Louise Voller is an experienced investigative journalist who has been with Danwatch for several years. She has worked extensively with supply chain research and linking problems with human rights and the environment at the producers and suppliers to big corporations in Europe and USA. In the past, she has made several investigations regarding the problems connected to the use of pesticides.

From 2014 until 2019, Louise was the editor in chief at Danwatch. Today, she specializes in investigations on states’ and business’ impacts on human rights and the environment, mainly in developing countries. She is a trainer in investigative journalism for reporters in Palestine and Cambodia, and a media adviser for International Media Support to Arab Reporters for Investigative Journalism (ARIJ) in Jordan. She won the 2015 prize for Investigative Journalism in Developing Countries. 

Basic information

Louise Voller
Human rights, Environment

Supported projects

Behind the smokescreen: Environmental destruction and slave-like working conditions in the European tobacco industry

  • Agriculture
  • Exploitation
  • Industry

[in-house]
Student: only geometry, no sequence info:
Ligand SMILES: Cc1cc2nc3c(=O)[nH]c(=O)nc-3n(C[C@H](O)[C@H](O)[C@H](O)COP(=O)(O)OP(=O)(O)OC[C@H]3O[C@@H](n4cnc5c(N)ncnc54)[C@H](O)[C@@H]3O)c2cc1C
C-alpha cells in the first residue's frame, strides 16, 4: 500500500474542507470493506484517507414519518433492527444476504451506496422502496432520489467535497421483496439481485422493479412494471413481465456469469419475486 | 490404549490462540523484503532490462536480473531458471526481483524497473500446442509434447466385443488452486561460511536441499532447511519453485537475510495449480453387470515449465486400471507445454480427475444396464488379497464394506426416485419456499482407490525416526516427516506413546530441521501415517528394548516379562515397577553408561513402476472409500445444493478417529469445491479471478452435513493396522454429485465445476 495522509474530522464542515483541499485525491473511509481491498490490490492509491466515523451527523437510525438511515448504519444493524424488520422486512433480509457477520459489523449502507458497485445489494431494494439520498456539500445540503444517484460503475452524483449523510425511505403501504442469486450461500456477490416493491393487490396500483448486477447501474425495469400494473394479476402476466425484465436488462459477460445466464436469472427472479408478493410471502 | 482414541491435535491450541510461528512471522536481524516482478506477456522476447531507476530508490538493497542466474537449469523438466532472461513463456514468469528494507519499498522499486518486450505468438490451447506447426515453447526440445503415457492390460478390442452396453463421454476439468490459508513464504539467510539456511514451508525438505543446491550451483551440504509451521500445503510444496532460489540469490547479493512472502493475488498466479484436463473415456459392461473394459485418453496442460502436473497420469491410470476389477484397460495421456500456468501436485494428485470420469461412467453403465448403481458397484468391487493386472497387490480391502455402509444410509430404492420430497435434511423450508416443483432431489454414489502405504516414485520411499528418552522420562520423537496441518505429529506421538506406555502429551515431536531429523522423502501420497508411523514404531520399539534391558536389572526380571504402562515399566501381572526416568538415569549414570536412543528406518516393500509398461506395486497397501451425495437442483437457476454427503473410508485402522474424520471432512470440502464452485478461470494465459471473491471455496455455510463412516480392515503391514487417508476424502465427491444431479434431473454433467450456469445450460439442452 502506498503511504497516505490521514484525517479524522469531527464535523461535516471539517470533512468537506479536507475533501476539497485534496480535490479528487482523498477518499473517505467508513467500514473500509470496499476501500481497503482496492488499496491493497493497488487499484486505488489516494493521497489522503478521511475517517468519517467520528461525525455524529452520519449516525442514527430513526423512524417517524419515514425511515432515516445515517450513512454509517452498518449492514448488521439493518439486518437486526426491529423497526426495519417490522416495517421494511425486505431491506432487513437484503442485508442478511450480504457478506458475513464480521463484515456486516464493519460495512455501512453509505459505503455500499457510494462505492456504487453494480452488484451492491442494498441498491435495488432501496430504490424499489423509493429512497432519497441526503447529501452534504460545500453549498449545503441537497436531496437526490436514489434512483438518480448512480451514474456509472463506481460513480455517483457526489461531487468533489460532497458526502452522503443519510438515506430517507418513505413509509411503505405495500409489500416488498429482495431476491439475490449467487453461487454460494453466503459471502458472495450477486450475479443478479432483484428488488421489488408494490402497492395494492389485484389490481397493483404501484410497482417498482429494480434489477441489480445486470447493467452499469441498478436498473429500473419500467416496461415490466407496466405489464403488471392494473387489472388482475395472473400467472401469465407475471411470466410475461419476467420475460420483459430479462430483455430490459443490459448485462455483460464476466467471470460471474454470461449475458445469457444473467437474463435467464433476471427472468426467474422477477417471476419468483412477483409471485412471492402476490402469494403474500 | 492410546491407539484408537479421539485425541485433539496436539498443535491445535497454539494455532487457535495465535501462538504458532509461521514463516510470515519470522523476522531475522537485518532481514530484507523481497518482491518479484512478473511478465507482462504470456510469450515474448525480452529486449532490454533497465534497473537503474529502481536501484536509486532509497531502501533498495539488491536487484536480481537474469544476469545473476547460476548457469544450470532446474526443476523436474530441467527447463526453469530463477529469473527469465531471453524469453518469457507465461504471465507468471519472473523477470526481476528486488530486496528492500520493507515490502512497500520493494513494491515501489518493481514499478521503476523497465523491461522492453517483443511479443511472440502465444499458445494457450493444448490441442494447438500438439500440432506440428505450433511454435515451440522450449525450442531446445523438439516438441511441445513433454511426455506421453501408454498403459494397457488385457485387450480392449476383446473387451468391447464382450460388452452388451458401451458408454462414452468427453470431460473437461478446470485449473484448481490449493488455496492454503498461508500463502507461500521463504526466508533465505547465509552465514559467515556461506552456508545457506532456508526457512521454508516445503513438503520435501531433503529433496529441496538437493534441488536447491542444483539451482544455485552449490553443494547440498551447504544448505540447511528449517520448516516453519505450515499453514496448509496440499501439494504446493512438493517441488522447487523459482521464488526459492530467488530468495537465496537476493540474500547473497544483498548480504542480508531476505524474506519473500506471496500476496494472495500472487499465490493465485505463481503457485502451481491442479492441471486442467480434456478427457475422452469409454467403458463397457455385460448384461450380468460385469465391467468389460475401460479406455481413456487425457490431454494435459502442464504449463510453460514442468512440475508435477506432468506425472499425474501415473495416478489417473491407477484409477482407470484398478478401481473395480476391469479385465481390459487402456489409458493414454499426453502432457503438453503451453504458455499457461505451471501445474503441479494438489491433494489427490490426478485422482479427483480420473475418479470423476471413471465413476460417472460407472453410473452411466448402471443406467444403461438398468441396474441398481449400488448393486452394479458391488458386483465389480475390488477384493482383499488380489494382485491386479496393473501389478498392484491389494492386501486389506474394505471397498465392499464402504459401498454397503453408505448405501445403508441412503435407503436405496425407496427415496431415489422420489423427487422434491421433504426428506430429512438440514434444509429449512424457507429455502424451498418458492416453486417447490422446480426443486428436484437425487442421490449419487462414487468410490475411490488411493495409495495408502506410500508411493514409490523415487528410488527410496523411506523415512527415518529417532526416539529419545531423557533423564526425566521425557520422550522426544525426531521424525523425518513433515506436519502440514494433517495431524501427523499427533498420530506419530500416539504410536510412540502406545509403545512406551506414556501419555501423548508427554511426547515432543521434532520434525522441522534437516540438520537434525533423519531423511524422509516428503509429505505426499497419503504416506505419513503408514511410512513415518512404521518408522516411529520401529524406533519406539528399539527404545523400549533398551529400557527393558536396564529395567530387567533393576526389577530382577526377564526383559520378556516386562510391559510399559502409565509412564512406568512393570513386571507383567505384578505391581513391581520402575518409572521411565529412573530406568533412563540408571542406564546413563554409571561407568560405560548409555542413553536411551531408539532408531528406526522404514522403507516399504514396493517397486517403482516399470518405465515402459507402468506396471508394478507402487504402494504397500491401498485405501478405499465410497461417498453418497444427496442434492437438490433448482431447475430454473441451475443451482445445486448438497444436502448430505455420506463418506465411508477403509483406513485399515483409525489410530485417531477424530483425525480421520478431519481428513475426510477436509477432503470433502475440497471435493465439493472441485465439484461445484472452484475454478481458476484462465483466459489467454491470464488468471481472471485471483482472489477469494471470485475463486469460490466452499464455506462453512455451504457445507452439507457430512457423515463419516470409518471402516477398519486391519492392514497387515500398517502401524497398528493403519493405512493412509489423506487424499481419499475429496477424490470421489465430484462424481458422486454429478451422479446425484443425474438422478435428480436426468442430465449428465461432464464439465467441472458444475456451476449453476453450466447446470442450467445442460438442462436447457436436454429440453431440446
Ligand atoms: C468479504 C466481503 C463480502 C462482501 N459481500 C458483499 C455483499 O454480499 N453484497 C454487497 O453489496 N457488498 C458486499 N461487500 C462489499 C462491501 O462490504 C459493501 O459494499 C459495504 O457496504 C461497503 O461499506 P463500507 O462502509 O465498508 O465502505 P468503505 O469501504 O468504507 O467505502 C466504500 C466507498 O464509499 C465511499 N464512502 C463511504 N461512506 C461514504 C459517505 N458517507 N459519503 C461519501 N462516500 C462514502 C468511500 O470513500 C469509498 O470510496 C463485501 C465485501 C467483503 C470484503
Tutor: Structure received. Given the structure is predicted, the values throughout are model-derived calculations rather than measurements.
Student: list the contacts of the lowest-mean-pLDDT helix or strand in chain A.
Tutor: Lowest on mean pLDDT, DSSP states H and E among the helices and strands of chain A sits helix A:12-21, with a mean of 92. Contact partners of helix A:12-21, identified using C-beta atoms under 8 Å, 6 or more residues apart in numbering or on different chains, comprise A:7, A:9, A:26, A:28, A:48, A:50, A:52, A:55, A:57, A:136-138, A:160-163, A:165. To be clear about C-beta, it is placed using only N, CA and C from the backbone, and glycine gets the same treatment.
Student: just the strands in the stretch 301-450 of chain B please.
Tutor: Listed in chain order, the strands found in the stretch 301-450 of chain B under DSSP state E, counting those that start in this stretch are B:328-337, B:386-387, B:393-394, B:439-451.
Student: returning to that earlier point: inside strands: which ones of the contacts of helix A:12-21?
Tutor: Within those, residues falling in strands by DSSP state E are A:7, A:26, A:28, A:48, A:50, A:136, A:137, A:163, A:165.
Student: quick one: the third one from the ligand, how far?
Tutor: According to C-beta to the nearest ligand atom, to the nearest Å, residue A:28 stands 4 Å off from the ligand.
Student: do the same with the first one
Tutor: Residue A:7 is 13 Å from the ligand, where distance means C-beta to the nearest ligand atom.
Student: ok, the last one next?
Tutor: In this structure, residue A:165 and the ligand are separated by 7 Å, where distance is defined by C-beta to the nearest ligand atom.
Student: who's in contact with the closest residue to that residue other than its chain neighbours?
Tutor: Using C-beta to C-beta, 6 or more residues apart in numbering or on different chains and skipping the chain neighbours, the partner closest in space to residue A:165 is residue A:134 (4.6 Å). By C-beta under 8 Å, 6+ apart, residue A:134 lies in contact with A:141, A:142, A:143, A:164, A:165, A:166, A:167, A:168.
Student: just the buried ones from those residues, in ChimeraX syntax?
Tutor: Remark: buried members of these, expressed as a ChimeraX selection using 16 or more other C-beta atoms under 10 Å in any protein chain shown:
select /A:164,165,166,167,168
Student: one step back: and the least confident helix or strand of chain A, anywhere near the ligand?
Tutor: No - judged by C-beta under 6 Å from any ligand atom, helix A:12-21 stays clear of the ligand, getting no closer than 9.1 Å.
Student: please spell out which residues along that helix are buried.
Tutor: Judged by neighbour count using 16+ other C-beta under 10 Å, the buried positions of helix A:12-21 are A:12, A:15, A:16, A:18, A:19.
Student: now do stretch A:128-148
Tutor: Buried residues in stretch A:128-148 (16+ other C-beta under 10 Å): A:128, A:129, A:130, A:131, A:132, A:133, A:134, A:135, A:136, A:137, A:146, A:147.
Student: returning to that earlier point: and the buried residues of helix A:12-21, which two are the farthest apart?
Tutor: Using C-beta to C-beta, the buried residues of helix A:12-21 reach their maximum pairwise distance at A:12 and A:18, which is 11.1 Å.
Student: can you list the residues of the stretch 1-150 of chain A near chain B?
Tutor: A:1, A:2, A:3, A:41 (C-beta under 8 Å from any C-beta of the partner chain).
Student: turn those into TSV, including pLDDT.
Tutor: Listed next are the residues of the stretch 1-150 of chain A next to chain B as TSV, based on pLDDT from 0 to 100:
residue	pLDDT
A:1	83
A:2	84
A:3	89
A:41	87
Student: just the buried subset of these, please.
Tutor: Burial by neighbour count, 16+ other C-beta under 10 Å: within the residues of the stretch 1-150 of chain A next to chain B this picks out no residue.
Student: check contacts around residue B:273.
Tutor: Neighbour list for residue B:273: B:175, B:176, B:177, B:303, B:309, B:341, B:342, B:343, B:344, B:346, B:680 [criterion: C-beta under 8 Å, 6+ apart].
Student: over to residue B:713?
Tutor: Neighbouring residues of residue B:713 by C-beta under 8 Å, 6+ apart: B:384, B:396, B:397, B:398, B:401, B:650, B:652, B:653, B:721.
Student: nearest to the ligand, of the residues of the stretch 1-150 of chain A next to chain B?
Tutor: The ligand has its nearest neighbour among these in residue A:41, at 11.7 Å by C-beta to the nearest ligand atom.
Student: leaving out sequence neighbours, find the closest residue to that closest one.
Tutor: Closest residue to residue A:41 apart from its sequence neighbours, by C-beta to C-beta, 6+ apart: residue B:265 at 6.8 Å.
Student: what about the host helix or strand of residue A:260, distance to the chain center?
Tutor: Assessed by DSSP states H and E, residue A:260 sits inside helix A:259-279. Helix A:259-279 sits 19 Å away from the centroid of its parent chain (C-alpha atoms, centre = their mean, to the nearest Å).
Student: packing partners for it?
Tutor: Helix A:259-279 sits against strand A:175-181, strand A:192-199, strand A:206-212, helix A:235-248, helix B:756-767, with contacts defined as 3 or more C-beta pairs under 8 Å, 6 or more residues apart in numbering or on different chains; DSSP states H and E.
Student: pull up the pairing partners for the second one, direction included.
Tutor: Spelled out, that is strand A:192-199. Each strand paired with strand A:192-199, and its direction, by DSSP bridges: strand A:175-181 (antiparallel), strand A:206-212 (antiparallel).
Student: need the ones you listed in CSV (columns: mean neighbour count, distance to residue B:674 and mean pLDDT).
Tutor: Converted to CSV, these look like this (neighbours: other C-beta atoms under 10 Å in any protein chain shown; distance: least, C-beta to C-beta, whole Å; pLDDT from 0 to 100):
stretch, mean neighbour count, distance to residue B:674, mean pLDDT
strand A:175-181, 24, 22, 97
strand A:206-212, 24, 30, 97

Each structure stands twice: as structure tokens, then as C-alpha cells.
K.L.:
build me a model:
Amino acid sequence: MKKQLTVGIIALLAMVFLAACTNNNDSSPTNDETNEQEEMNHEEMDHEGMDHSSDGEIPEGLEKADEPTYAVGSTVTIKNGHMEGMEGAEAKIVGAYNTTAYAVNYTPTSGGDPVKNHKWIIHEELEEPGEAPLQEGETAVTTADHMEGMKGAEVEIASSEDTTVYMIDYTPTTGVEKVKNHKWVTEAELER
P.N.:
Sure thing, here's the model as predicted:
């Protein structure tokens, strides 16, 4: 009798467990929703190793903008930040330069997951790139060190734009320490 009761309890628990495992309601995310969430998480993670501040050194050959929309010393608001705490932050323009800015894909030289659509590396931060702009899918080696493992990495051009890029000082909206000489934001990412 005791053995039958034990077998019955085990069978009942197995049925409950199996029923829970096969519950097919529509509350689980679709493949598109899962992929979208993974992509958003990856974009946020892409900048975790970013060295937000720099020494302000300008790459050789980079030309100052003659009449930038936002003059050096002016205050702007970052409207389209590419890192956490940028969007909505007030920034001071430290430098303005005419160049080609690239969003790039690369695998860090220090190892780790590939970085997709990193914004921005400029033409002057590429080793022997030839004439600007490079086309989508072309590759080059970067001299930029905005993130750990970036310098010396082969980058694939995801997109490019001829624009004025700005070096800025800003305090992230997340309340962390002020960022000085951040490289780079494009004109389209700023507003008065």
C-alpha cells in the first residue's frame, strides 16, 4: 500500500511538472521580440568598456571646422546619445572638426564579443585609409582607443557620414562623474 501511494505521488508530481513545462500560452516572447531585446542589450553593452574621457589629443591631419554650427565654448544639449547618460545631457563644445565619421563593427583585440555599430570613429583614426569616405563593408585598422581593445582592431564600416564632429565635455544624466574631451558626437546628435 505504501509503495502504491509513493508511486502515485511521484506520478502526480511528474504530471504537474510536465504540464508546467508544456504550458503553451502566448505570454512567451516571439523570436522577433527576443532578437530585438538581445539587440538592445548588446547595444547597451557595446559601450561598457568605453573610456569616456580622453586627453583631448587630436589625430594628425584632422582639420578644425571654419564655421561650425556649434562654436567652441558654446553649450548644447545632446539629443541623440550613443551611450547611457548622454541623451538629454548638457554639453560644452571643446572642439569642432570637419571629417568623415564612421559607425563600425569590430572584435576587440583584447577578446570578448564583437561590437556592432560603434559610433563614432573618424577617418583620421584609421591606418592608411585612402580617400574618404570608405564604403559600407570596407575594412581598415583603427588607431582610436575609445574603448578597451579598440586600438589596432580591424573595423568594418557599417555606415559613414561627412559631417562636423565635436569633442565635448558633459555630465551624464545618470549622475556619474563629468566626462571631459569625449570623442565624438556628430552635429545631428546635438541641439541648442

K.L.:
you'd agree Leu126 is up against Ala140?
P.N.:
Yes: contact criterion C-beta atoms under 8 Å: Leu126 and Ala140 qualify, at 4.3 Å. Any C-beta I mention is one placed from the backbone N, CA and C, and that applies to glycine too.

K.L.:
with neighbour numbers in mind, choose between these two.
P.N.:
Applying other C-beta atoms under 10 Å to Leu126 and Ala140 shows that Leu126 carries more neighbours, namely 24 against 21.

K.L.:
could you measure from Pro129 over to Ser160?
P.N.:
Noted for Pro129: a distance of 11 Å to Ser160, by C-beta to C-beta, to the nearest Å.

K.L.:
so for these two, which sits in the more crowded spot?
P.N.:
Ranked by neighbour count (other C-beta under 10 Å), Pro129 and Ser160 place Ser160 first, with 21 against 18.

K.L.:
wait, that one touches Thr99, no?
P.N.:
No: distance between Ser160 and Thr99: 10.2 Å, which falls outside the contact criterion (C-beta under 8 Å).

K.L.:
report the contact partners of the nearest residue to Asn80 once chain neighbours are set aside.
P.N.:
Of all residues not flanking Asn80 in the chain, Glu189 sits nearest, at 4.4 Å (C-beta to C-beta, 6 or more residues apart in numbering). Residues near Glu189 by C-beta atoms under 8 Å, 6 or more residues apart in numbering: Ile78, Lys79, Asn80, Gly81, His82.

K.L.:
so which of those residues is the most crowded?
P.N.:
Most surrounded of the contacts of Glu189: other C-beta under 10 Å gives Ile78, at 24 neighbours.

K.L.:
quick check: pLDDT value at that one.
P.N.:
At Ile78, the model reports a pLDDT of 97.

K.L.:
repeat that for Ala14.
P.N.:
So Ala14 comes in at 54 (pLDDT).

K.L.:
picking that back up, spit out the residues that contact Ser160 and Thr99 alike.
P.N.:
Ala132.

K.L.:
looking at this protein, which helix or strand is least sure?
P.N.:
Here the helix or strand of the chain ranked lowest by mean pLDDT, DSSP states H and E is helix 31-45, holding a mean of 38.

The investigation reveals the environmental and health impacts faced by local Brazilian farmers due to tobacco production sold to European and North American multinational companies. During the harvest season, Repórter Brasil and Danwatch travelled to three Brazilian states accountable for 95% of the national production. The team gathered evidence on how farmers are facing frequent intoxication symptoms from the heavy use of pesticides, besides other labour issues.

Illegal trade of pesticides and antibiotics in Europe

  • Environment
  • Healthcare

BRUSSELS - There is a big illegal market for pesticides and antibiotics and these substances will still be spread, when they get banned. The industry has been able to continue the use of chlorpyrifos and expect the use to grow in the coming years, despite it has a huge and bad impact on animals and humans. 

The Chlorpyrifos Case

  • Environment
  • Healthcare

BRUSSELS - Residues of Chlorpyrifos, a dangerous insecticide, have been found in fruit baskets and samples of human urine across Europe. This large, cross-border investigation unveils its risks for the public.